Thus far in her career, Whitfield has been recognized with numerous awards, including Texas A&M Association of Former Students Distinguished Achievement Awards in Teaching at both the university (2022) and college levels (2021), the Texas A&M Department of Teaching, Learning and Culture’s Distinguished Ph.D. Honor Graduate Award (2017), induction into the Texas A&M University System Chancellor’s Academy of Teacher Educators (2014), the Texas A&M College of Education and Human Development’s John E. Trott Jr. Award in Student Recruiting (2012), Who’s Who in America (2012), the Texas A&M System’s Student Led Award for Teaching Excellence (2009) and both teaching and service awards from Texas A&M Mathematics. In addition, she was honored in 2013 by the Texas A&M student body as a Fish Camp namesake.
While mentoring and course development are two consistent pillars of Whitfield’s professorial efforts, she credits inclusive teaching and a related mantra — we teach students, not subjects — as the biggest key to her own success as well as that of her students and colleagues. She plans to use her UPUTE funding to continue working with the Center for Teaching Excellence to develop and promote inclusive teaching strategies for faculty across campus. She also intends to work with the Texas A&M Math Learning Center to help increase access to high-quality learning materials, help students learn how to become independent learners and help create more equitable learning opportunities in mathematics for students by producing asynchronous videos that students can access anytime via the Texas A&M Virtual Math Learning Center.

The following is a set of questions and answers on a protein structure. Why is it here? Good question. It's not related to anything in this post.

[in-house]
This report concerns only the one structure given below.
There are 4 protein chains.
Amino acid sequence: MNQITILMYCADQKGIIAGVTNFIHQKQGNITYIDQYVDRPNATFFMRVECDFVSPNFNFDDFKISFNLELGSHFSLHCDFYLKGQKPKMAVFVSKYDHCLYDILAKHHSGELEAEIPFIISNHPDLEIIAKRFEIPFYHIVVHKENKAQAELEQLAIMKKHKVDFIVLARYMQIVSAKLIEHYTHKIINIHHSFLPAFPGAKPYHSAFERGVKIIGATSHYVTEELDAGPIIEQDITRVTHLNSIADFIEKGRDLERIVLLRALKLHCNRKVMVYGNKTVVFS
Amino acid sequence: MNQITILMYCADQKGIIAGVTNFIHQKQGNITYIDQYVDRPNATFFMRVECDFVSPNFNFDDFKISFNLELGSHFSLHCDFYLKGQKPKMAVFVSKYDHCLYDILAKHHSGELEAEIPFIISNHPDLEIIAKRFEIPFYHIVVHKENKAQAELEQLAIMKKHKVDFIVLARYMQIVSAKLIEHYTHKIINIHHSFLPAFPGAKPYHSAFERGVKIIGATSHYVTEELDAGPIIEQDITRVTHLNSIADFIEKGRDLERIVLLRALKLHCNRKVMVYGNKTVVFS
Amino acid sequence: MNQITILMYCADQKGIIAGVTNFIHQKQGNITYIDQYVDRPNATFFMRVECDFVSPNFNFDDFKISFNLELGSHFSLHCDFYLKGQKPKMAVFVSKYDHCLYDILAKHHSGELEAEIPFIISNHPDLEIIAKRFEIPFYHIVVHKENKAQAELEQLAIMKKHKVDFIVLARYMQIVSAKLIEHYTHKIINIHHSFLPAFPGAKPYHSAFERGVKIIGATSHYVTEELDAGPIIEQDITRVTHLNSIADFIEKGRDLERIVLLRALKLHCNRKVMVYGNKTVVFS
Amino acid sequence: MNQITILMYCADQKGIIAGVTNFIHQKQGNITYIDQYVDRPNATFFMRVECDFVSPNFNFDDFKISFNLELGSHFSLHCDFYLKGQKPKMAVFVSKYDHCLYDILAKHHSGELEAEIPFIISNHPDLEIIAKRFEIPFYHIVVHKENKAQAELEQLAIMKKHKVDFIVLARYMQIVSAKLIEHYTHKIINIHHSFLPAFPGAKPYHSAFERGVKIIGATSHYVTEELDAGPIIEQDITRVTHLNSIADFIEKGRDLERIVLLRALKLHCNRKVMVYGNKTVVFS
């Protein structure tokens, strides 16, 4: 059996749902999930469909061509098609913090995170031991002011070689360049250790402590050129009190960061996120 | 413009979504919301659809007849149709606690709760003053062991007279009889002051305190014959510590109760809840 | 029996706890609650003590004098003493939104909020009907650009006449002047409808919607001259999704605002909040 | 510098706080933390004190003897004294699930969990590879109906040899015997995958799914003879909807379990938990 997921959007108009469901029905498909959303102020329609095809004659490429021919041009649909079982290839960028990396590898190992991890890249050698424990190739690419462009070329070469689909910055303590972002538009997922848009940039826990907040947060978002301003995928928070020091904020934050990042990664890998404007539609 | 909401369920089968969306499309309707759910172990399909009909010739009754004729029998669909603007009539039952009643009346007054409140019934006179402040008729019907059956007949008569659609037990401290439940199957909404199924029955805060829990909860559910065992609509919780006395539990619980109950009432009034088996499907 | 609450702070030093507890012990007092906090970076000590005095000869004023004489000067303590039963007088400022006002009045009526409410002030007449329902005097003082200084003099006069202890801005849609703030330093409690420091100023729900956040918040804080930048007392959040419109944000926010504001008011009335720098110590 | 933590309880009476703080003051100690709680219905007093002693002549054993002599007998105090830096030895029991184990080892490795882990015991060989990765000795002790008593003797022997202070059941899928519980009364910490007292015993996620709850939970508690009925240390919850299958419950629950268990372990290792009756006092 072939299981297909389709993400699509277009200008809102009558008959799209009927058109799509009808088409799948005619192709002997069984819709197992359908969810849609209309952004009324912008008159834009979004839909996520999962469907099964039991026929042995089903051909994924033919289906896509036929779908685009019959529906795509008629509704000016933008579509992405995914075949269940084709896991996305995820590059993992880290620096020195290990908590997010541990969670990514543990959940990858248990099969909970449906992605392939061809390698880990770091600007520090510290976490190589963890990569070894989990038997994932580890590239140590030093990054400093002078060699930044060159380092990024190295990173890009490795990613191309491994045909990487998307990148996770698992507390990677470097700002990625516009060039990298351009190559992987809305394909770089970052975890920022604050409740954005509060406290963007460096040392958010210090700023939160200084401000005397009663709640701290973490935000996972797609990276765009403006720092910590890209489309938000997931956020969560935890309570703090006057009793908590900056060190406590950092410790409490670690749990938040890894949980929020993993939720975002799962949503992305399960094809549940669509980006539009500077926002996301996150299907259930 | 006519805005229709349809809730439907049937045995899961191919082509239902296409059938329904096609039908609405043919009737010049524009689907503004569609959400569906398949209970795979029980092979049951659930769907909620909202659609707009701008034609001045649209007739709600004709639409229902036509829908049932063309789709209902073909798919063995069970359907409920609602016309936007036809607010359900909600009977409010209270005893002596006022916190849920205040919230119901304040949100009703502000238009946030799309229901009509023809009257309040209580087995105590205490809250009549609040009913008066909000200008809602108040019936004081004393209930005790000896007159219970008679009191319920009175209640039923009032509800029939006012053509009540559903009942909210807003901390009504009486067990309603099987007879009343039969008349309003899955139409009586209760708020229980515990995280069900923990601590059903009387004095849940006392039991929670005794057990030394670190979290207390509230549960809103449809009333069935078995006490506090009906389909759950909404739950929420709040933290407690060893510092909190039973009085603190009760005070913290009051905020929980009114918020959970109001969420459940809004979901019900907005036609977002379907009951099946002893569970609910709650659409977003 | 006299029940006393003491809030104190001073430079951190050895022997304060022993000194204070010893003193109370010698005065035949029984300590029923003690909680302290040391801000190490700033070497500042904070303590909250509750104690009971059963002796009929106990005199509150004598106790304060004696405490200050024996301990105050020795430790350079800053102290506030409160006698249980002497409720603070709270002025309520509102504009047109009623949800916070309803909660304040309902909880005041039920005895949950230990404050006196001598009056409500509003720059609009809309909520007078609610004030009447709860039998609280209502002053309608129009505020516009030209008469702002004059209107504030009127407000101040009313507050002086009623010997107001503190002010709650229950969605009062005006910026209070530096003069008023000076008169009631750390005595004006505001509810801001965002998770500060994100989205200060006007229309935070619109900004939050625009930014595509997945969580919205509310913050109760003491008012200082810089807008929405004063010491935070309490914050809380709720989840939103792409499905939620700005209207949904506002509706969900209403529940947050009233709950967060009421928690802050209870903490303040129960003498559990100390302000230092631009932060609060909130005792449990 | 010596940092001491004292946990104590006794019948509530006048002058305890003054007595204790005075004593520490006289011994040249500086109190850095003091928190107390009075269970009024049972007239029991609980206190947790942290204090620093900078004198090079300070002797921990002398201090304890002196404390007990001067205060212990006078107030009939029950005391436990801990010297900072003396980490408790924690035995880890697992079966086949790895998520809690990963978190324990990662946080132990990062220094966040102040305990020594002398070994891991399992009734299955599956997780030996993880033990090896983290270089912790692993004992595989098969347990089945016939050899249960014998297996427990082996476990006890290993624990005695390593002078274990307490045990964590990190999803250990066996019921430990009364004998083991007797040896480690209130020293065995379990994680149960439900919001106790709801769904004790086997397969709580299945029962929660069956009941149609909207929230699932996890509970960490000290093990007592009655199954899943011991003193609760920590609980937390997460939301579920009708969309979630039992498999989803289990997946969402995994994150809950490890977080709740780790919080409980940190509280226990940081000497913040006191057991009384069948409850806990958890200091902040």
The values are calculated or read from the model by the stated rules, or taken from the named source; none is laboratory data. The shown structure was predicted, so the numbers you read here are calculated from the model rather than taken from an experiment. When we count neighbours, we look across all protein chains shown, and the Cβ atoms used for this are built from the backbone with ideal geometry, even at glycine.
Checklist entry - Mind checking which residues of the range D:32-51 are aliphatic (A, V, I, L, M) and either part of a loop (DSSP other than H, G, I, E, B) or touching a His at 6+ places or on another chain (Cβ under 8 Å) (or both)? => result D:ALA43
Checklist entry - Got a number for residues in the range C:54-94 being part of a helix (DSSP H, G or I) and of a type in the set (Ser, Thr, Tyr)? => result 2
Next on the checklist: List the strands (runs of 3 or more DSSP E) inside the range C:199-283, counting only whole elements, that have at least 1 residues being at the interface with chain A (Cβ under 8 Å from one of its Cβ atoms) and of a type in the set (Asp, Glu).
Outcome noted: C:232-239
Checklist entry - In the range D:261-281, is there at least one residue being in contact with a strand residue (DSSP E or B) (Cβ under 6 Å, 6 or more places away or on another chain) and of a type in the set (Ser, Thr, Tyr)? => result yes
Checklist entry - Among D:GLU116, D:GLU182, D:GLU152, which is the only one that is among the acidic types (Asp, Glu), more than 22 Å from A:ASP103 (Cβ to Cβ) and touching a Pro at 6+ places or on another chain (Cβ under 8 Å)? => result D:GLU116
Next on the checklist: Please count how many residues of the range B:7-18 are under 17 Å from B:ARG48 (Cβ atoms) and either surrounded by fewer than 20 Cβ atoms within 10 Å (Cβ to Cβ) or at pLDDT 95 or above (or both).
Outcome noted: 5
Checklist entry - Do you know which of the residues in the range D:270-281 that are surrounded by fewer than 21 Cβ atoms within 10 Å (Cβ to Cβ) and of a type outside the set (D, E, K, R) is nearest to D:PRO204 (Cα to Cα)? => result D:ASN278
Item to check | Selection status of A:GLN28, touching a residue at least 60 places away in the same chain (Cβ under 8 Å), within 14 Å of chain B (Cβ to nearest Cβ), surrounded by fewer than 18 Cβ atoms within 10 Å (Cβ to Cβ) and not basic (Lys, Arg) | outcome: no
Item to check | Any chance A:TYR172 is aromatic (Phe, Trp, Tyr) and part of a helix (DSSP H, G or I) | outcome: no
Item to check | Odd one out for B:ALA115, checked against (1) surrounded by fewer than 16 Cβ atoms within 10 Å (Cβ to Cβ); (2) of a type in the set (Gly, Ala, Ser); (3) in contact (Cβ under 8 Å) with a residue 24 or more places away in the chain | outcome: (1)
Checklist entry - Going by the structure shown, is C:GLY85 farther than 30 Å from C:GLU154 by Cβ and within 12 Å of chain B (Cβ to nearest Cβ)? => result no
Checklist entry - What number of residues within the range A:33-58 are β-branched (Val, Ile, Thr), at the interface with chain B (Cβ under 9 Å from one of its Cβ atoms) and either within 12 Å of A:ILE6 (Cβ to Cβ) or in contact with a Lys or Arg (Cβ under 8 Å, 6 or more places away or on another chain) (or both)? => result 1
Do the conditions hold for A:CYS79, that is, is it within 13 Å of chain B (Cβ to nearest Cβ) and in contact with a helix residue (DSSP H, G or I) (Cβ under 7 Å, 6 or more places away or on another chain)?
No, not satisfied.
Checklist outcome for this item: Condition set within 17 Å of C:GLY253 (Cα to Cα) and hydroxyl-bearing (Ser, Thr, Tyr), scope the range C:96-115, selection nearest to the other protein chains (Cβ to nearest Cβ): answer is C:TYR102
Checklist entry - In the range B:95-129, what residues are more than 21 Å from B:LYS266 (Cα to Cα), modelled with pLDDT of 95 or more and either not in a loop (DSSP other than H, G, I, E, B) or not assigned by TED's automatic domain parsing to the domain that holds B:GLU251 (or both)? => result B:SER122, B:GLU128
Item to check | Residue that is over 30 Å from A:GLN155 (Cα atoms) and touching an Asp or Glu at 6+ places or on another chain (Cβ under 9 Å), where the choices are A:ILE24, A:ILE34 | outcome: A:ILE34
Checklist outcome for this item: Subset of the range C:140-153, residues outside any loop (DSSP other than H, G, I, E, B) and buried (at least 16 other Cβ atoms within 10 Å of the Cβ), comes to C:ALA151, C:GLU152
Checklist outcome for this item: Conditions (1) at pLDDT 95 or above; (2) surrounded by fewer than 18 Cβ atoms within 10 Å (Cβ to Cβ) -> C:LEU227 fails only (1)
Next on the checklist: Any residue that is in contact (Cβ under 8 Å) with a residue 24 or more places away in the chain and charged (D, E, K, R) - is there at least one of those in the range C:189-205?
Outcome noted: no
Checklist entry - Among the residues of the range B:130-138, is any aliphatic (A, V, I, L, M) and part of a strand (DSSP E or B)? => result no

“Bringing together university faculty from different colleges and departments to regularly reflect on their teaching and providing them the opportunity to examine their own thoughts, beliefs and behaviors can help faculty better understand how to create a more inclusive classroom environment,” Whitfield said. “One’s teaching practice is always evolving. We should never be done learning about our own craft of teaching, and we will never have a ‘final’ product.
“Teacher development is an iterative process where one is required to engage infinitely many times. It is this attitude that I will bring to the UPUTE professorship and not only share my experiences to help motivate and encourage others to think about and improve their teaching, but also use it as an opportunity to network and learn from other colleagues outside my department to improve my own teaching.”
Learn more about Whitfield and her teaching, research and service efforts.
For additional information on University Professorships for Undergraduate Teaching, go to the Office of Faculty Affairs website.